Generally I prefer to stay in the present when I'm making new works. I have several sketchbooks filled with drawings of places I've visited over the years, but I rarely consult them when I'm working on finished projects. It's too easy to live in the past in my opinion, so I always make a point of working with my current surroundings when embarking on new projects.
Lately though, I've started to change that opinion, at least in relation to one motif: Iberville shale. When I used to visit Shelburne Farms, one of my favorite things to do was to go down to the beach and rifle through the beach stones on the shore. These weren't ordinary beach stones, but dark gray stones covered with white striated patterns. I was always struck by the beauty and diversity of the patterns on these stones, and wanted to create some sort of artwork incorporating those delicate white lines.
|Image courtesy of http://www.davidepsteinjeweler.com/communities/2/004/012/481/692//images/4606177152.jpg|
During the time I actually lived in Vermont though, I never figured out a satisfactory way to do this. I did feature the stones in a series of prints I did called Shelburne Farms, but it wasn't quite what I was striving to achieve. I wanted the stripes, but not necessarily the rocks; the patterns, but not the actual object. I then considered making an etching or aquatint with an all-over design of white stripes, but shortly after I started working with acid etching, I moved to New Mexico, and I put my Vermont sketchbooks in storage. Even as I started sketching red rocks and desert flowers instead of apple trees and sheep, however, those beach stones never quite left my mind. Somehow I would make them work.
Flash forward to 2015, when I'm throwing cups and bowls with white clay. One afternoon as I was trimming, I suddenly wondered, "hey, why not recreate your shale on these pieces?" Why not, indeed?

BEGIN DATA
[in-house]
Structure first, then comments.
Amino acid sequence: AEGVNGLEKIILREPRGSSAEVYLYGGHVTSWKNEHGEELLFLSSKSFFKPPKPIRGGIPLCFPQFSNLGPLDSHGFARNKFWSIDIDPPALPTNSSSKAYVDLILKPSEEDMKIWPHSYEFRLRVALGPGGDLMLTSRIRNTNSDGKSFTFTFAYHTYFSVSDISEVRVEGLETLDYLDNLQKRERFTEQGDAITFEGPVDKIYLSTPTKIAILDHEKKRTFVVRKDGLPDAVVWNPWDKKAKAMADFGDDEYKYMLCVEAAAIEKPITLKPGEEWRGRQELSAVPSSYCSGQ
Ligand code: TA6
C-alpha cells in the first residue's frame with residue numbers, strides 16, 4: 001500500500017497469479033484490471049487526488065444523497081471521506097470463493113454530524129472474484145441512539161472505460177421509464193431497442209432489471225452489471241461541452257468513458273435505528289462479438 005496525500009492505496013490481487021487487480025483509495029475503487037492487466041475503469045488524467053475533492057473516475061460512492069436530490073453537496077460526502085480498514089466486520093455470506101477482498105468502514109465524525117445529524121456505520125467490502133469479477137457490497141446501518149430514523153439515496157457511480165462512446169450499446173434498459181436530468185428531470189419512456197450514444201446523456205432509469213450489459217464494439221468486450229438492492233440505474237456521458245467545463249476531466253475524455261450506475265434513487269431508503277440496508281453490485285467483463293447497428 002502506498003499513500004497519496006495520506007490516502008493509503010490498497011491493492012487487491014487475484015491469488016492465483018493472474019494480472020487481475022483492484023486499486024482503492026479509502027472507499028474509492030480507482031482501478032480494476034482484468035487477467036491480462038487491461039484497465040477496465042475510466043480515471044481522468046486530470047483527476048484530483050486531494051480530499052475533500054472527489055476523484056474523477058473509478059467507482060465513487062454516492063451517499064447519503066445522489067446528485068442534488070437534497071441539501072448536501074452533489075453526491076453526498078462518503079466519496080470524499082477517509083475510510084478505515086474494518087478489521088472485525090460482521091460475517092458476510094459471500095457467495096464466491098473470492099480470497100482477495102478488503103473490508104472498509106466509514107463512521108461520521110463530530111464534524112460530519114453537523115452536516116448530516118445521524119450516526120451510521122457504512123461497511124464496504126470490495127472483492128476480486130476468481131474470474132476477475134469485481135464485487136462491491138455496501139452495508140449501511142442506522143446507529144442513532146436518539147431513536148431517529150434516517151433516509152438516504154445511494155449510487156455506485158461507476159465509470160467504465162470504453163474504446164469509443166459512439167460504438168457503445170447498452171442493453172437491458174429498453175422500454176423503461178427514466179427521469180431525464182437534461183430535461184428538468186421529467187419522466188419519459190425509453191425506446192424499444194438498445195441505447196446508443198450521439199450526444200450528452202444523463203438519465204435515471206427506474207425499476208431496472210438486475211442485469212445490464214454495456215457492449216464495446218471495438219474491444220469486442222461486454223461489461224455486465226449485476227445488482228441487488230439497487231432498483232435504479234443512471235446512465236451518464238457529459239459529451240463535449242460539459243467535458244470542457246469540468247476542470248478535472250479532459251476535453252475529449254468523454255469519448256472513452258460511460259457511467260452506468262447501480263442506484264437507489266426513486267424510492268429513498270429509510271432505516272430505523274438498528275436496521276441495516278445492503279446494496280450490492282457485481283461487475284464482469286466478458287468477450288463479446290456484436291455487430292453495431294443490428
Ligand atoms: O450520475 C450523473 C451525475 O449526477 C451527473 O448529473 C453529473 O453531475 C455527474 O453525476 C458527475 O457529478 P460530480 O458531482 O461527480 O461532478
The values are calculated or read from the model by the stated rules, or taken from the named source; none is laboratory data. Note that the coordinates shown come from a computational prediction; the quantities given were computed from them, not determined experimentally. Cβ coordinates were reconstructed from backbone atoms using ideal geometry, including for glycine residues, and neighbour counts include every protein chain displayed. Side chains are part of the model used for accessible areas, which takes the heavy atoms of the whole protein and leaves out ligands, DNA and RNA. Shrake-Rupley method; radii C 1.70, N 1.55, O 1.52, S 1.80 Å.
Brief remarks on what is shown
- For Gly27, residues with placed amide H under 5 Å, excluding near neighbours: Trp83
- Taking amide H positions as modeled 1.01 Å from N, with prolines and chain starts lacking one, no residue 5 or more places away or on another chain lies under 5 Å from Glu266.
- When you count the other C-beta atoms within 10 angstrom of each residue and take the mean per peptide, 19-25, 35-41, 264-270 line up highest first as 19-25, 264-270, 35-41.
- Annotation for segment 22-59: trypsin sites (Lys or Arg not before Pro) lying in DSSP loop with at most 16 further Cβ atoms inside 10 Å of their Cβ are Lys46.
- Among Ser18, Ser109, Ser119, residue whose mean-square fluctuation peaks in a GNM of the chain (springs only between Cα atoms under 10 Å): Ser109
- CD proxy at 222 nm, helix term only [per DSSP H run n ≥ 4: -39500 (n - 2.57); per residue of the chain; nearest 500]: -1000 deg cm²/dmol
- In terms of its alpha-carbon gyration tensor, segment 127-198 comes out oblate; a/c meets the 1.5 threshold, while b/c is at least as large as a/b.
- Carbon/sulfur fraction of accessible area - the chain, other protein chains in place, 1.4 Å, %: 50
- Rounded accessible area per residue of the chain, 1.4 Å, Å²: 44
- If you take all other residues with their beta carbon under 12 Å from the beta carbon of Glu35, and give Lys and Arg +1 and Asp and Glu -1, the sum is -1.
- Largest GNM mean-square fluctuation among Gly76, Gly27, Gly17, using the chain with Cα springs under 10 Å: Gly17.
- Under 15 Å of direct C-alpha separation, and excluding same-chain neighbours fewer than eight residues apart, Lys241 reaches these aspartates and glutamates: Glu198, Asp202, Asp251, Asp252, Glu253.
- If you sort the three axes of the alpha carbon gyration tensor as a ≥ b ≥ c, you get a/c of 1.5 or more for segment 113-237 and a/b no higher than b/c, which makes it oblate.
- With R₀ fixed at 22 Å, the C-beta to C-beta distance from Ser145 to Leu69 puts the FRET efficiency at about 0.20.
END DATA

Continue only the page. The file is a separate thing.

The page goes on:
I tried it initially on a few pieces that weren't especially well thrown, so I wouldn't care if the process worked. Essentially I just painted a few lines of wax resist across the surface, and dipped the pieces in a black glaze.
When I found that the wax resist was able to hold up during firing, I decided to try some more ambitious designs. Straight white lines are fine, but what made the shale stand out to me was the complexity and variety of the patterns I found.
First, I took several recently-thrown pieces and trimmed them. Most of my works feature larger feet because my cat Gustave has a penchant for knocking wobbly things over.
I then attached handles to several of the pieces, turning them into mugs.
After I attached the handles, the pieces were fired for the first time, turning them all bright white.
Next, I took my bottle of green wax resist, and painted designs on each of the pieces using a small brush. I had no specific pattern in my for any of these, I simply started making lines and let the pattern grow organically from there. I also didn't make my lines perfectly clean or straight, because I wanted to mimic the natural patterns of the stones as much as possible. Compared to much of my work, it was a very spontaneous process.
Once the wax was dry, it was time to dip the pieces in glaze. Initially I was just going to use black, but then I got an idea and dipped them in blue as well. Aside from the fact that I like multi-colored pieces, I wanted to evoke the littoral setting where I found these rocks in the first place. When the dipping process was finished, the cups reminded me of mint chocolate chip ice cream.
Finally, the pieces were fired a second time, and I was finally able to see how they turned out. Here are the results:
Overall I'm very pleased with how they turned out. What I like is that these works express the qualities of the stones I like, the striations, the matte surface, and so forth, without actually representing them, so these pieces could suggest something different for each viewer. I might think of shale, but someone else might imagine trees, lightning, who knows. I admittedly could have done the glazing a bit better, it was a bit thick in places and needed to be ground down a little afterwards, but my teacher showed me a few ways to prevent that from happening in the future. More importantly, I've found the medium that will let me articulate the abstract beauty of Iberville shale, and will definitely be making more of these.